COPYRIGHT, HELEN S. FLETCHER, 2013. ALL RIGHTS RESERVED.
ALL PHOTOS BY T. MIKE FLETCHER, UNLESS OTHERWISE NOTED.

Espresso Fudge CakeThis Espresso Fudge Cake consists of four layers of moist chocolate cake filled with a coffee buttercream highlighted with brandy. I am not one to drink coffee and when I do it has lots of cream and sweetener.   But I could easily eat this buttercream all day long – so if you hesitate because of the coffee, I encourage you to try this anyway,  The combination of a chocolate fudge cake and a coffee buttercream makes this Espresso Fudge Cake a stand out.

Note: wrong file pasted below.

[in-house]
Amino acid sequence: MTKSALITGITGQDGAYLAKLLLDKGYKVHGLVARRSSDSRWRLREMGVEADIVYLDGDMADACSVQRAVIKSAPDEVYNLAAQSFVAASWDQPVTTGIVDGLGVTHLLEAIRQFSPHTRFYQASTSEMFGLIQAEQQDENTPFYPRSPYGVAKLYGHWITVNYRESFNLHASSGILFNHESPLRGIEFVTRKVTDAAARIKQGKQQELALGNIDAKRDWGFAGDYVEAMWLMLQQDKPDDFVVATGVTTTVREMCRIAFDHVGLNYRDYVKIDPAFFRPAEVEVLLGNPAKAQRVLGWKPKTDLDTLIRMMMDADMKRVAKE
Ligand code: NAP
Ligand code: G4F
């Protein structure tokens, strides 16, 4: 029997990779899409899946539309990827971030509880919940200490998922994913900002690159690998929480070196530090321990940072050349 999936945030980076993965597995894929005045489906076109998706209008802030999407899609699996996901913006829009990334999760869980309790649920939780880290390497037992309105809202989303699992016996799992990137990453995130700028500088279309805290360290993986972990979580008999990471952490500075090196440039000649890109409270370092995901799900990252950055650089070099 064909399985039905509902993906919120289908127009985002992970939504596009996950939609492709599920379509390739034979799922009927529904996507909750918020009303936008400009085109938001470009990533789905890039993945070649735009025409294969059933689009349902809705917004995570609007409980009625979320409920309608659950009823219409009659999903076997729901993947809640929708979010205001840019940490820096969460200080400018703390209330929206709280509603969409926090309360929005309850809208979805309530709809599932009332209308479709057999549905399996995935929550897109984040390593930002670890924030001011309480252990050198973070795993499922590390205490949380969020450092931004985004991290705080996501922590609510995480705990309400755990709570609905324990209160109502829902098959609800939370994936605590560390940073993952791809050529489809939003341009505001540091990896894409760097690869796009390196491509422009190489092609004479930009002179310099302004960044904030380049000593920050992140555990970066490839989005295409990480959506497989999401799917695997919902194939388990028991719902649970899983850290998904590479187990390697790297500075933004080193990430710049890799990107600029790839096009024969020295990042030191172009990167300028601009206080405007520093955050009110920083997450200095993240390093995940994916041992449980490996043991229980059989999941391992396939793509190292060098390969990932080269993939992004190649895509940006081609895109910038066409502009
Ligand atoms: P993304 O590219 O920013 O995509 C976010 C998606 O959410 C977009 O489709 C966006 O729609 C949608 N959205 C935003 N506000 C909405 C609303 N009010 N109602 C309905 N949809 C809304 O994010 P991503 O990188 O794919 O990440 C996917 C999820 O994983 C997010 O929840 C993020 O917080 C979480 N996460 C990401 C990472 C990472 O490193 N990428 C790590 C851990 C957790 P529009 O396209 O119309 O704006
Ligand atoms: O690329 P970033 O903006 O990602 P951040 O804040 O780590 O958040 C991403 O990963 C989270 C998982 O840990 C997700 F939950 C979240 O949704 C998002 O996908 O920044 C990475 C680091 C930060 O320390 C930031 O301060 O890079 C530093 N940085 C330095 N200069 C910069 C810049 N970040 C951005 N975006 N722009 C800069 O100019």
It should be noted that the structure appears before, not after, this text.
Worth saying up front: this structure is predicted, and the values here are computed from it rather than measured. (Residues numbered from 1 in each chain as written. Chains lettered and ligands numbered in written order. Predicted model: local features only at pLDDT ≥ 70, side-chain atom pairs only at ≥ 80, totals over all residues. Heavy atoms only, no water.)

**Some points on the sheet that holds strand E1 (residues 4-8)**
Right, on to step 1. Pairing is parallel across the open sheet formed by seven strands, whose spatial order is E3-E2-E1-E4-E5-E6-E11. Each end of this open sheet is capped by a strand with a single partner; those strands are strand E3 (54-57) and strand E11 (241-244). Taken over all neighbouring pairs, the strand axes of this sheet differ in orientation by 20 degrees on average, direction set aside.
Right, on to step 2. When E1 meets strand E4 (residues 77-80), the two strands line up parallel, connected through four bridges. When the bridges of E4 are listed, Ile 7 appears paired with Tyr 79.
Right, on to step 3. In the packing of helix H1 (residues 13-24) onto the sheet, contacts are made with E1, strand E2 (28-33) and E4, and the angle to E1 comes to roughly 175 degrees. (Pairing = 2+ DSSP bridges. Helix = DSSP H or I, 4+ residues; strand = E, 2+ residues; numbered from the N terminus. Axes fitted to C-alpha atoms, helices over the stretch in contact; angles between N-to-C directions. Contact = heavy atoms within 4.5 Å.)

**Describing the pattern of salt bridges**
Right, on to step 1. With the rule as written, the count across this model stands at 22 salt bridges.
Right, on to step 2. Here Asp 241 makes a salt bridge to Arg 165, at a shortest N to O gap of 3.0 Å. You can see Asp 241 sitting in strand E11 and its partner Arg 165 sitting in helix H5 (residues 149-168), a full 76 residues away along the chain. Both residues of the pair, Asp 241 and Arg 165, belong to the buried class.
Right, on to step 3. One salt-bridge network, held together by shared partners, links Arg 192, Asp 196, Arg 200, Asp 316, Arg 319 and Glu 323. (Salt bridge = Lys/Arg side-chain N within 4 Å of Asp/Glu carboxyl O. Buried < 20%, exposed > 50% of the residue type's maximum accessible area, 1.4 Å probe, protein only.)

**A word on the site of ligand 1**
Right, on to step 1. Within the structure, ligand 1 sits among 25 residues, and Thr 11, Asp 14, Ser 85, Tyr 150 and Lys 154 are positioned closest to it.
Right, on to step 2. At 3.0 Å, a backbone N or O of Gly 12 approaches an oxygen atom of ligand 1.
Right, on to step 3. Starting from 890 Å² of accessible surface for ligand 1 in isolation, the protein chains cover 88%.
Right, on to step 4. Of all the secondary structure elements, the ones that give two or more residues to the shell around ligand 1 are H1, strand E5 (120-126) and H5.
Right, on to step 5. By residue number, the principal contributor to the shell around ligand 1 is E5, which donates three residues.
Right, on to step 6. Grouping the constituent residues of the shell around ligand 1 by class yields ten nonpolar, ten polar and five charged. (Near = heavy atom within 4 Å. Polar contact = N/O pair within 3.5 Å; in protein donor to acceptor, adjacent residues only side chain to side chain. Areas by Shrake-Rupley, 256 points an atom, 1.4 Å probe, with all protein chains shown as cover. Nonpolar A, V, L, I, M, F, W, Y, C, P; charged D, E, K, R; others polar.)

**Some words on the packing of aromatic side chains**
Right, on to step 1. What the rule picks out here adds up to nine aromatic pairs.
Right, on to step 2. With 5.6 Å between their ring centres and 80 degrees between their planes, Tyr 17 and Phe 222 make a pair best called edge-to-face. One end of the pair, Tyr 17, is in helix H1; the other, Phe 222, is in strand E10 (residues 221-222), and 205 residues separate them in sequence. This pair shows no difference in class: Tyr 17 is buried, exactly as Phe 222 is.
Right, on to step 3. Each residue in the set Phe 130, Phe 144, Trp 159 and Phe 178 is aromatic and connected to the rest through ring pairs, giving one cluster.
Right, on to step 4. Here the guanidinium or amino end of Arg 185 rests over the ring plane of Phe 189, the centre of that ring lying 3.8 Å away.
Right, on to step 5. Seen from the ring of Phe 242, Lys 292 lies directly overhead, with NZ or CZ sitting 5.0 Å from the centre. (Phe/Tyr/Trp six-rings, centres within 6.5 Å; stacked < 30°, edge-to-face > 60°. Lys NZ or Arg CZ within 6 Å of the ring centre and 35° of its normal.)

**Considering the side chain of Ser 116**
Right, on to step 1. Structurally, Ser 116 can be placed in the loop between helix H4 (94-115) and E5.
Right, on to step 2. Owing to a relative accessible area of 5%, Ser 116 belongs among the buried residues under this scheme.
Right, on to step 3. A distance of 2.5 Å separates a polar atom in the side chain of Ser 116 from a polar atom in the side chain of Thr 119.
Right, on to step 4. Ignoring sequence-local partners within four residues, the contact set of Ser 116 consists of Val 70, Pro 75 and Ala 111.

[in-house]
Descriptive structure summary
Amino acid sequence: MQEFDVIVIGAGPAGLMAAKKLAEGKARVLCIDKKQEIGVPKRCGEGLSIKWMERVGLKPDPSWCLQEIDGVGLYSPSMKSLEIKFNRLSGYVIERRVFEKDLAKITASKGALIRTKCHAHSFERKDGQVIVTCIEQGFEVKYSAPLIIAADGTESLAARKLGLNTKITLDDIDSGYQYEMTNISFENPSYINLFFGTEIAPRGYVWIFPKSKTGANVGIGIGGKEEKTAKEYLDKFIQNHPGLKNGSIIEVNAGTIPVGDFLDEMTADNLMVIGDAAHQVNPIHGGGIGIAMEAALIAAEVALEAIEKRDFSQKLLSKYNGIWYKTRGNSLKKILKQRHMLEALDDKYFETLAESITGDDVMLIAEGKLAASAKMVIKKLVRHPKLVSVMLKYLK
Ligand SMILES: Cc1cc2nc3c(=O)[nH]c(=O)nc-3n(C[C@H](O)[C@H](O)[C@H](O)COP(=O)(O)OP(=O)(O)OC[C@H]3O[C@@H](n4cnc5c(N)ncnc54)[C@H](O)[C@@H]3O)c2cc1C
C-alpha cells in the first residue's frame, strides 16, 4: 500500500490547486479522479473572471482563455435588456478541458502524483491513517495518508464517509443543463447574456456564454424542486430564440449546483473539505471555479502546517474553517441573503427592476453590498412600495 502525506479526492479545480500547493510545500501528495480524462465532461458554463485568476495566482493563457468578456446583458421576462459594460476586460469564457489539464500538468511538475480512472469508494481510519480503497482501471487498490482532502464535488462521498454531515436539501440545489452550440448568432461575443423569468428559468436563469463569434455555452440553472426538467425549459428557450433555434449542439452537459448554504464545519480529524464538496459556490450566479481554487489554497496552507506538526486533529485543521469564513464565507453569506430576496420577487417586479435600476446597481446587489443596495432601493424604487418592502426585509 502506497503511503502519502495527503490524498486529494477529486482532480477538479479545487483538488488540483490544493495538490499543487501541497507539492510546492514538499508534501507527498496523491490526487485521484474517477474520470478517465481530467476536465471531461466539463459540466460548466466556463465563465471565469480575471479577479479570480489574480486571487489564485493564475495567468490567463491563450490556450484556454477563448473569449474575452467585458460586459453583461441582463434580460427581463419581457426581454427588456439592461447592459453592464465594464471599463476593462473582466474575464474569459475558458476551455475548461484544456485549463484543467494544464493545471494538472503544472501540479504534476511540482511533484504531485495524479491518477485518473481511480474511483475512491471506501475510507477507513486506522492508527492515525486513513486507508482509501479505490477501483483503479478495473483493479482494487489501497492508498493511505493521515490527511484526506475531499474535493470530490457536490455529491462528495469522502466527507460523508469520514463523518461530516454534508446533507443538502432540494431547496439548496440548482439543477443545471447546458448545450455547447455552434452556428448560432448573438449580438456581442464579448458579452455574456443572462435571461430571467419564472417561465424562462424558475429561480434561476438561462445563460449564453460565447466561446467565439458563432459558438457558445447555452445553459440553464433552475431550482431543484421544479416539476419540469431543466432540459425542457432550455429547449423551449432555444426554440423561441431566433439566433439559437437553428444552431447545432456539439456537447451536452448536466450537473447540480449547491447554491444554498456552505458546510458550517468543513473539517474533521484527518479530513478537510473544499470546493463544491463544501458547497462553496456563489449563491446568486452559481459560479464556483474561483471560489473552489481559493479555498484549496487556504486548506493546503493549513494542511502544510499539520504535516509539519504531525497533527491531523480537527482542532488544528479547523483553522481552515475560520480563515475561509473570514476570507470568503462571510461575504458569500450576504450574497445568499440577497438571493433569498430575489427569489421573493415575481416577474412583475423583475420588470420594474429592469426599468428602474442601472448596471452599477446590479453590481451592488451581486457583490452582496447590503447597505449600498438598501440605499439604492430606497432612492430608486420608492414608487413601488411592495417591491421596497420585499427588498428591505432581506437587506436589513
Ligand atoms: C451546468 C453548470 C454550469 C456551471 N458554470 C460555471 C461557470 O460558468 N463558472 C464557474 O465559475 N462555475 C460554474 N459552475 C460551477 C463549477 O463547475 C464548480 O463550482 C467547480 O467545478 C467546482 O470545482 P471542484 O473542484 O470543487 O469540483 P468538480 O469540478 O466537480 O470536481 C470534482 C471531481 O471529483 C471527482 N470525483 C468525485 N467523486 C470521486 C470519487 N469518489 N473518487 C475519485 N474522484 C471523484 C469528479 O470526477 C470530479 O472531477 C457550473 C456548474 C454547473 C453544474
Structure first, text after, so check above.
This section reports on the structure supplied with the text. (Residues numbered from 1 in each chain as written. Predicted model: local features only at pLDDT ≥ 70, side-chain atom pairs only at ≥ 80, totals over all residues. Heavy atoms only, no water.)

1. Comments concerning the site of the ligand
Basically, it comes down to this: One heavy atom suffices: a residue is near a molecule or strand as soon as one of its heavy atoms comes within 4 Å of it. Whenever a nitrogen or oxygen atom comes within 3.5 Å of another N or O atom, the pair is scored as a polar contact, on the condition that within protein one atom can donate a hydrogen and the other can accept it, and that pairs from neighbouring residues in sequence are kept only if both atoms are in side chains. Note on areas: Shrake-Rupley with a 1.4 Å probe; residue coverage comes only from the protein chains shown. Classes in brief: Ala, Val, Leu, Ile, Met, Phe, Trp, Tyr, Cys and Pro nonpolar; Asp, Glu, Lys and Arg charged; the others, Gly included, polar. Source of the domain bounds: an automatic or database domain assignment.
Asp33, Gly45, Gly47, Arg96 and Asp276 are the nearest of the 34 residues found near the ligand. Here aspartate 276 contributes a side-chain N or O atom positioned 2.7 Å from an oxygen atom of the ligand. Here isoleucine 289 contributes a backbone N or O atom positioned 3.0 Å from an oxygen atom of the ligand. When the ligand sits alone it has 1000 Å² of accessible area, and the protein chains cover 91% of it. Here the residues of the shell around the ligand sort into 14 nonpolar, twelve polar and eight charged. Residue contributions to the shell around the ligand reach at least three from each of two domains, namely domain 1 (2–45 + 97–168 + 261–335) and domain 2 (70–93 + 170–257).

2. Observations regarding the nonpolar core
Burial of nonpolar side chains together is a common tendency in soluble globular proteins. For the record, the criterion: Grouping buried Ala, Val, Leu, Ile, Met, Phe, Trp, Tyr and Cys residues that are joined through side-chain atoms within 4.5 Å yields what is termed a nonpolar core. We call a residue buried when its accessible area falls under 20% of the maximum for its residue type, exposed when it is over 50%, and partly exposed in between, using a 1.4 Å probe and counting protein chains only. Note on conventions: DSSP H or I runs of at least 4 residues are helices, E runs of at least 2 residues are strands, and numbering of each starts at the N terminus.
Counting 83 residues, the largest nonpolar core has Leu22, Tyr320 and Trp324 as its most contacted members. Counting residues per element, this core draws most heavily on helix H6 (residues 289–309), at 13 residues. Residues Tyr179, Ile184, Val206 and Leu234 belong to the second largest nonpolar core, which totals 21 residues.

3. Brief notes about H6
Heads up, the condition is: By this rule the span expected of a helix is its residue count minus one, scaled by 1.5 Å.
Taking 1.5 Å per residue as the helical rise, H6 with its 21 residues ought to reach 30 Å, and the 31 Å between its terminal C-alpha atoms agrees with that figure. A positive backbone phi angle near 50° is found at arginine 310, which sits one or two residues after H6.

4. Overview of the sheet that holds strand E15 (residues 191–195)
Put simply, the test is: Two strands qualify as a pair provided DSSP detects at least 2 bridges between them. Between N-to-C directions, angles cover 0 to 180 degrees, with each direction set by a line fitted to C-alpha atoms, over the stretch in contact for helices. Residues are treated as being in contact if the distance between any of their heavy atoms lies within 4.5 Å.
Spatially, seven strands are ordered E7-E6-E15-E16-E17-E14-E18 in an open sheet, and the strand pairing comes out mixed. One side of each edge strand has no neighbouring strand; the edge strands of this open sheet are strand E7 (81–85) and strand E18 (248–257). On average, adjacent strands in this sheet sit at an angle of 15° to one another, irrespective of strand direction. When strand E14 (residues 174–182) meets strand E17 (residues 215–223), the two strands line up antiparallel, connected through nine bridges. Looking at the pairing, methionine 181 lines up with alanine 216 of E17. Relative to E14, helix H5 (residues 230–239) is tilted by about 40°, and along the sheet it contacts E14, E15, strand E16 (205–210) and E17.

Both the cake and the buttercream are very easy to make.  This cake uses an American Buttercream which essentially is a matter of adding all the ingredients to a mixer bowl and beating until light and fluffy. Continue reading

Chocolate Cake

BY HELEN S. FLETCHER, ON
COPYRIGHT, HELEN S. FLETCHER, 2013. ALL RIGHTS RESERVED.
ALL PHOTOS BY T. MIKE FLETCHER, UNLESS OTHERWISE NOTED.

Finished photoA chocolate cake to die for is the only thing you can say about these deep, dark, delicious layers waiting for myriad fillings and finishes. These chocolate cake layers start moist and stay moist for days making them ideal whether you are producing one cake or 20 cakes.